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What is Public Domain Software?

Public domain software is any software that is not copyrighted and not controlled or owned by any particular individual or entity.  Public Domain software is freely available to use, and is usually well developed.  However, the free availability of the software for use necessitates the development of a support community for the product including business, technical and end user groups.  These communities can be created by commercial vendors or by open source development, but this typically involves licensing.

When Public Domain software is available for anyone to modify or redistribute, it is considered "copylefted".  In some cases, a program may be freely available to use in the public domain but some copies or modified versions of the program may not be free, and this is considered "noncopylefted" software.  If an executable program is available in the public domain but the source code is not available, the software is not considered to be free.  Free software requires accessibility of the source code, and most Public Domain Software is not free.  Thus, Public Domain software is freely available, but can be repackaged and sold or modified and licensed as propriety or open source software.  In comparison, most free software is copyrighted and the authors have given legal permission for everyone to use it for free.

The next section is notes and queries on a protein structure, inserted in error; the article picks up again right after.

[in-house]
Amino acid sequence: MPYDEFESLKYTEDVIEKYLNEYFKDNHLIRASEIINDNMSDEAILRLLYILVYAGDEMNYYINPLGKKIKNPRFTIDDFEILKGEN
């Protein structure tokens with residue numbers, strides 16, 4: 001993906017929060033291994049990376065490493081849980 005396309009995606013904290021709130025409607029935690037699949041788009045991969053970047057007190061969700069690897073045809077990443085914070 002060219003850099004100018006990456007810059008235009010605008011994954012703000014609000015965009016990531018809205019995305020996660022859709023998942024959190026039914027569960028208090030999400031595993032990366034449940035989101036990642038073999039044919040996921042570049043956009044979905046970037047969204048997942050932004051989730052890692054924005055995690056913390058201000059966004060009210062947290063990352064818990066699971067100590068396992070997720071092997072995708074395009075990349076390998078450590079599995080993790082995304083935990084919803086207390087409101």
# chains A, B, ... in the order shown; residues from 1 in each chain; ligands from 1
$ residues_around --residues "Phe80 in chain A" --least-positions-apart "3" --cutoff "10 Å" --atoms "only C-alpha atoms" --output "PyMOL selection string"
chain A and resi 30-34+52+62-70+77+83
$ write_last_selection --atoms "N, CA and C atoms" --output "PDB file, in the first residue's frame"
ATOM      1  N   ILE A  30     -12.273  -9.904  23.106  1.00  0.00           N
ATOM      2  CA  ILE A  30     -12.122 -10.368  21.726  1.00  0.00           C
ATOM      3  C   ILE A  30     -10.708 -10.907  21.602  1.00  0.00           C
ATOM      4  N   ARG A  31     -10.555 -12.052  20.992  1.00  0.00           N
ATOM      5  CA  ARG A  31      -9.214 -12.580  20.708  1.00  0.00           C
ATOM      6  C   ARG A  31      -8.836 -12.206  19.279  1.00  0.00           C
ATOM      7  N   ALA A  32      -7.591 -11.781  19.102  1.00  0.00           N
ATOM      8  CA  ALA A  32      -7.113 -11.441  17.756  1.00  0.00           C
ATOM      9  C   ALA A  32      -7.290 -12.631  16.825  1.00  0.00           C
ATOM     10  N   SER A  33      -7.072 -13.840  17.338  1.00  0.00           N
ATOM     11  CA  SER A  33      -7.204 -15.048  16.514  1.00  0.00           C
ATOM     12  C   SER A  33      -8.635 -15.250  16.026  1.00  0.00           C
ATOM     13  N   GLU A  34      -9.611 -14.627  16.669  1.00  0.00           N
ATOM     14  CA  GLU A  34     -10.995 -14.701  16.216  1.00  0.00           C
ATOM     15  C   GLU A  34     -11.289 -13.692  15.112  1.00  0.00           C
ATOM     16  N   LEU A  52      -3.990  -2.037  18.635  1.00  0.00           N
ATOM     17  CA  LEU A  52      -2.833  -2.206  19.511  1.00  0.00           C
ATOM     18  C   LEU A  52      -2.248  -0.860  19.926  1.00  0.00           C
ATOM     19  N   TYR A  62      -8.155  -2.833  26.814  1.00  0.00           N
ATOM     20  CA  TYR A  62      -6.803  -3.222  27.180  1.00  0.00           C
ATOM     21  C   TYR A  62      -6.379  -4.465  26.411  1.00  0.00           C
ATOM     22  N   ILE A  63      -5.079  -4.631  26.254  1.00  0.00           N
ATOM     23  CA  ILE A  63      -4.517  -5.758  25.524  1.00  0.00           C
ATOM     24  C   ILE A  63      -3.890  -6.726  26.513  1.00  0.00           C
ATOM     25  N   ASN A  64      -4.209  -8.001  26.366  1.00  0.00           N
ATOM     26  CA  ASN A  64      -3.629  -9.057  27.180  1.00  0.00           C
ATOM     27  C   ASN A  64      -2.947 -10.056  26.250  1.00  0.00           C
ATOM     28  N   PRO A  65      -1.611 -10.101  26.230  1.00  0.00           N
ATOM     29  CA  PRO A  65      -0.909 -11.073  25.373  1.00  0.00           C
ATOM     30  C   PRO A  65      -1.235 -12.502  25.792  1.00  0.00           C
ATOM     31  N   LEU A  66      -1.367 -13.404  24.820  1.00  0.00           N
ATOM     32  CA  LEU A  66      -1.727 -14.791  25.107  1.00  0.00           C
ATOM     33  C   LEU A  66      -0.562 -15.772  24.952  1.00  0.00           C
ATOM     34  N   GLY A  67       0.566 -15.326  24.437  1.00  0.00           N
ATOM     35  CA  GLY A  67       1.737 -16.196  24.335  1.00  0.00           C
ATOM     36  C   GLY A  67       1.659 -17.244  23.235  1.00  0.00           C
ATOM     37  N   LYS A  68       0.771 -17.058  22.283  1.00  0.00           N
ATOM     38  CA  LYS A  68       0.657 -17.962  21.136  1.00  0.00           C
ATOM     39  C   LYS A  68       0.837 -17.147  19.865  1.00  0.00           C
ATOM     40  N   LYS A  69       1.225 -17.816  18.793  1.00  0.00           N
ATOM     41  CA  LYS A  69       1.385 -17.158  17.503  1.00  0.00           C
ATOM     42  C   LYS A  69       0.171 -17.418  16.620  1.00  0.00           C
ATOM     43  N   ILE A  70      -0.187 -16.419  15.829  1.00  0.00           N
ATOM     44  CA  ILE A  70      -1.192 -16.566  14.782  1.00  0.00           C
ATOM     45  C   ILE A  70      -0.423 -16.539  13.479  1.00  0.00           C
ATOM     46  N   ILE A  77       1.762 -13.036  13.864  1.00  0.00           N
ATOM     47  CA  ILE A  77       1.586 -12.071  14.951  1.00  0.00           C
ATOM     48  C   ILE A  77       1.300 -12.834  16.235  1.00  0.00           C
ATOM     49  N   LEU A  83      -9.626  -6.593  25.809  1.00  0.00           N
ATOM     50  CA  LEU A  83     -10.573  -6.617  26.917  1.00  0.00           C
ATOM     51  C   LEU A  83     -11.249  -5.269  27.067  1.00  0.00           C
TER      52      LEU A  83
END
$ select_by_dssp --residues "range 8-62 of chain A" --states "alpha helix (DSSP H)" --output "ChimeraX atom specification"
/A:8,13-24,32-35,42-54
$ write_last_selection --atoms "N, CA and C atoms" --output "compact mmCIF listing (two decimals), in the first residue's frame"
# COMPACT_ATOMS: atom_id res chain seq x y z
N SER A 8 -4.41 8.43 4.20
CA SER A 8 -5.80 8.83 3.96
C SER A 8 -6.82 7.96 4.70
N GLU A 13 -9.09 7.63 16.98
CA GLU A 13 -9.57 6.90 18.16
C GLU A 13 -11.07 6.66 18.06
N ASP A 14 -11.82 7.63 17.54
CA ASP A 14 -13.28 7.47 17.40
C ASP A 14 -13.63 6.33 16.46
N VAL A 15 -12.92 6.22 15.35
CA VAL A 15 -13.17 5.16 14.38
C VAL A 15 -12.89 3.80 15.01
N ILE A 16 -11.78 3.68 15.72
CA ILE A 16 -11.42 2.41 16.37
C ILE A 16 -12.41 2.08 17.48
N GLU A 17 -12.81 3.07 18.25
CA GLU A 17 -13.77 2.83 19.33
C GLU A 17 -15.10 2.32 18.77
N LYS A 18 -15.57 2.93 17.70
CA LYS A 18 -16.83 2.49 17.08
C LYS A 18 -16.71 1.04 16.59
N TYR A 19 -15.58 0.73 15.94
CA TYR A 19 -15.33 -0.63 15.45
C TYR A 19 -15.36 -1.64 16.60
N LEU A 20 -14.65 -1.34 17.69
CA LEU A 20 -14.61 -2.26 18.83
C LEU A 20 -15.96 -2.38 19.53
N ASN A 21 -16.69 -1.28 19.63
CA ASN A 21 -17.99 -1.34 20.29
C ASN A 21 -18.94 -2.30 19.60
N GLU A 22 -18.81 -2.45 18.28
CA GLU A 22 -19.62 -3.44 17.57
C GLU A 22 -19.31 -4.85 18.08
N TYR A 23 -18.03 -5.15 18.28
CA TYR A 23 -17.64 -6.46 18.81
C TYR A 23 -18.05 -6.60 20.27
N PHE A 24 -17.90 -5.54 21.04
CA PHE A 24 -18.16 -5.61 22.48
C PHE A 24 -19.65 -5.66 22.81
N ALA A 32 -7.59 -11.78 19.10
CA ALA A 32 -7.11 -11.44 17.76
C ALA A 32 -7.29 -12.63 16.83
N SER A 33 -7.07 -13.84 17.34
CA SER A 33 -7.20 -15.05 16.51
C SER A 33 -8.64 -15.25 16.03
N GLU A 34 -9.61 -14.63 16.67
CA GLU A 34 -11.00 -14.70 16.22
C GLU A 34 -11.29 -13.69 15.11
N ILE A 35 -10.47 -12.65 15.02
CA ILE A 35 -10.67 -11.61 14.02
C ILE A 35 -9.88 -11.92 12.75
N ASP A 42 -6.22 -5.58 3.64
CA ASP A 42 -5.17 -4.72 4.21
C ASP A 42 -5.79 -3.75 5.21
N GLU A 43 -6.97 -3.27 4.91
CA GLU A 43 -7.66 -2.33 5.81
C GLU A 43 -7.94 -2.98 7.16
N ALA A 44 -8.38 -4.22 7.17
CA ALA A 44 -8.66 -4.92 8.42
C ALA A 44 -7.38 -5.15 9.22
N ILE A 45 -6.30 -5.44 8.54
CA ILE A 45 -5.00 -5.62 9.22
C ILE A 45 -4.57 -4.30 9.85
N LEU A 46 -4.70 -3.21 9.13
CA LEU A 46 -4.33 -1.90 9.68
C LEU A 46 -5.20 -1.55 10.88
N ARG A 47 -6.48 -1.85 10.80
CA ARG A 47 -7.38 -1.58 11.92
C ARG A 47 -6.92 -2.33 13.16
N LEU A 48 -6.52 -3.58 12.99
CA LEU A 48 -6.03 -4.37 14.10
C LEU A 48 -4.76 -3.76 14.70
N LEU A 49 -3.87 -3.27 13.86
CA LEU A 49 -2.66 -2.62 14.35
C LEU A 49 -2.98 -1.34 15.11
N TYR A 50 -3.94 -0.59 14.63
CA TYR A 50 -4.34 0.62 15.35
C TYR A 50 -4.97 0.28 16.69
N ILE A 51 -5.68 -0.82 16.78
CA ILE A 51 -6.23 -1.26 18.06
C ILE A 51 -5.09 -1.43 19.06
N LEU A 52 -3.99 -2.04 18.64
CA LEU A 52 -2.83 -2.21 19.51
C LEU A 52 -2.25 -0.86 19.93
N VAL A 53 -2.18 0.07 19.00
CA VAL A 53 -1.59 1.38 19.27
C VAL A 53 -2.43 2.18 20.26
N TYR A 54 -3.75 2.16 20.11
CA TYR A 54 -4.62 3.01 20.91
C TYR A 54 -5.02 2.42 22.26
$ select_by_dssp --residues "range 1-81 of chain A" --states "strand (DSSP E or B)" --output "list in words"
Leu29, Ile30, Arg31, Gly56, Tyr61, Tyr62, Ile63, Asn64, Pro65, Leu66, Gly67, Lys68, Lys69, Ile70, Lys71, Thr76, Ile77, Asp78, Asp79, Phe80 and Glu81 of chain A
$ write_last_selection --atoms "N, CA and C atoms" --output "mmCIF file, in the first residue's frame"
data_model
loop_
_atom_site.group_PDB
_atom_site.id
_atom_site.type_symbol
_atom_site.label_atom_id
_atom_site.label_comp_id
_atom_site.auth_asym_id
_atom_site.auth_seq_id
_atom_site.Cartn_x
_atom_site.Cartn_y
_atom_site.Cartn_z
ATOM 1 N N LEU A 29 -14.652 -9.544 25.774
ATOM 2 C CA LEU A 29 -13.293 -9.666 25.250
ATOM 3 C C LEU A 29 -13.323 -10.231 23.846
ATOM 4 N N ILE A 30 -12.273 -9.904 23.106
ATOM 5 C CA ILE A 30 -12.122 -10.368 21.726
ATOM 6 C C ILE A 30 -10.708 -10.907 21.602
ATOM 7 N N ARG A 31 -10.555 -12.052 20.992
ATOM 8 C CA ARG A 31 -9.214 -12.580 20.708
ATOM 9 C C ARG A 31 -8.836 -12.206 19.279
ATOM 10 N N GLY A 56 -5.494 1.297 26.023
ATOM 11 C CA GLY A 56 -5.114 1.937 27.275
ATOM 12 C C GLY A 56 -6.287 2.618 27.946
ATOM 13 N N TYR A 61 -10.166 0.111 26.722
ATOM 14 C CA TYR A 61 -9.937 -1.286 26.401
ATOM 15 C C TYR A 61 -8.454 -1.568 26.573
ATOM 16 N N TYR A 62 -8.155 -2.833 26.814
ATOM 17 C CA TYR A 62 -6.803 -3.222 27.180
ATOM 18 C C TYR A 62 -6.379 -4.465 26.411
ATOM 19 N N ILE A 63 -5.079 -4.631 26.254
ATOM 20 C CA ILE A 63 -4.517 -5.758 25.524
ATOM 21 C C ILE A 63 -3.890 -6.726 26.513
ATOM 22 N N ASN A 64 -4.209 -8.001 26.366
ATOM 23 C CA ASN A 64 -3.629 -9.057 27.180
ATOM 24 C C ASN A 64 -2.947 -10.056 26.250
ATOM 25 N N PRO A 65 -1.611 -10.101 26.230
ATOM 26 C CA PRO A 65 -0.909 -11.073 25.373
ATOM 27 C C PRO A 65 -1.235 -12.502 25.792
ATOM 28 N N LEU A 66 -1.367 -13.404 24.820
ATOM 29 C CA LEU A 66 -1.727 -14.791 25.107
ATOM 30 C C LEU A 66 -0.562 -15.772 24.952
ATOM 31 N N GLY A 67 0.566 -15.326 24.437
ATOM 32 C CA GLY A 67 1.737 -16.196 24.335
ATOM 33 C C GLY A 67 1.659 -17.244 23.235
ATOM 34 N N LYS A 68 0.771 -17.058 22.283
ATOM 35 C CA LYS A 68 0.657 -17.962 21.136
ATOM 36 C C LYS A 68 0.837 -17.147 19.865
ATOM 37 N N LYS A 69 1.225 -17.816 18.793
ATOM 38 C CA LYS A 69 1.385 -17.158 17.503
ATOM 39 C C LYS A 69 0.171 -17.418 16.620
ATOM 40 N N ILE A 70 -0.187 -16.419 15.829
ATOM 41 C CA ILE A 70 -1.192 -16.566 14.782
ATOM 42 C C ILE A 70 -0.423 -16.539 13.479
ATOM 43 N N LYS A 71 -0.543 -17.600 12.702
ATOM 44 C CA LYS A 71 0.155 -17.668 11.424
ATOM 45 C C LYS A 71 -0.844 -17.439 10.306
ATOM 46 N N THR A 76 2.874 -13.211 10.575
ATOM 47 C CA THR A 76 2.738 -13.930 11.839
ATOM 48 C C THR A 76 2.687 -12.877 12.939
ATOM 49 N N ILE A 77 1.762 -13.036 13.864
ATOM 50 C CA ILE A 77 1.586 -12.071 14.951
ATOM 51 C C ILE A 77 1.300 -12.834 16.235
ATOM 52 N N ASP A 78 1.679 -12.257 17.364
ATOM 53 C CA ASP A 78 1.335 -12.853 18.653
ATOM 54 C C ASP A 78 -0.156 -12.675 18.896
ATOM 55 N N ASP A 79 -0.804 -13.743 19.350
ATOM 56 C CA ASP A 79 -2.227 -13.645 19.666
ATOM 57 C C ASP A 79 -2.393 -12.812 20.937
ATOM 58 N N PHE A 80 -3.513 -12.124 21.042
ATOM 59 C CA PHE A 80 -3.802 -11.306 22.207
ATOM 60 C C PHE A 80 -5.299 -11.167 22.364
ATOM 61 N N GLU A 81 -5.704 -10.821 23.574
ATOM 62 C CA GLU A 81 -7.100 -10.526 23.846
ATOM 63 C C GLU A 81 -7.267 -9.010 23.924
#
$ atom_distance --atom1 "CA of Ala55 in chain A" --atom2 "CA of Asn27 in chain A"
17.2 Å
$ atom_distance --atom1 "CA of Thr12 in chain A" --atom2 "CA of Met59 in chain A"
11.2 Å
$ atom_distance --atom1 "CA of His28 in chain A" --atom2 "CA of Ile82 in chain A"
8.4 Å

Generally, the creation of public domain software requires taking legal steps to disclaim the copyright.  Under the copyright laws of the United States (17 U.S.C 105), all works created by the U.S. government must be released into the public domain.  Therefore, the Veterans Administration's EHR, VistA , is obtainable under the Freedom of Information Act and the source code is part of the public domain.  However, VistA is licensed under WorldVistA as open source.
 
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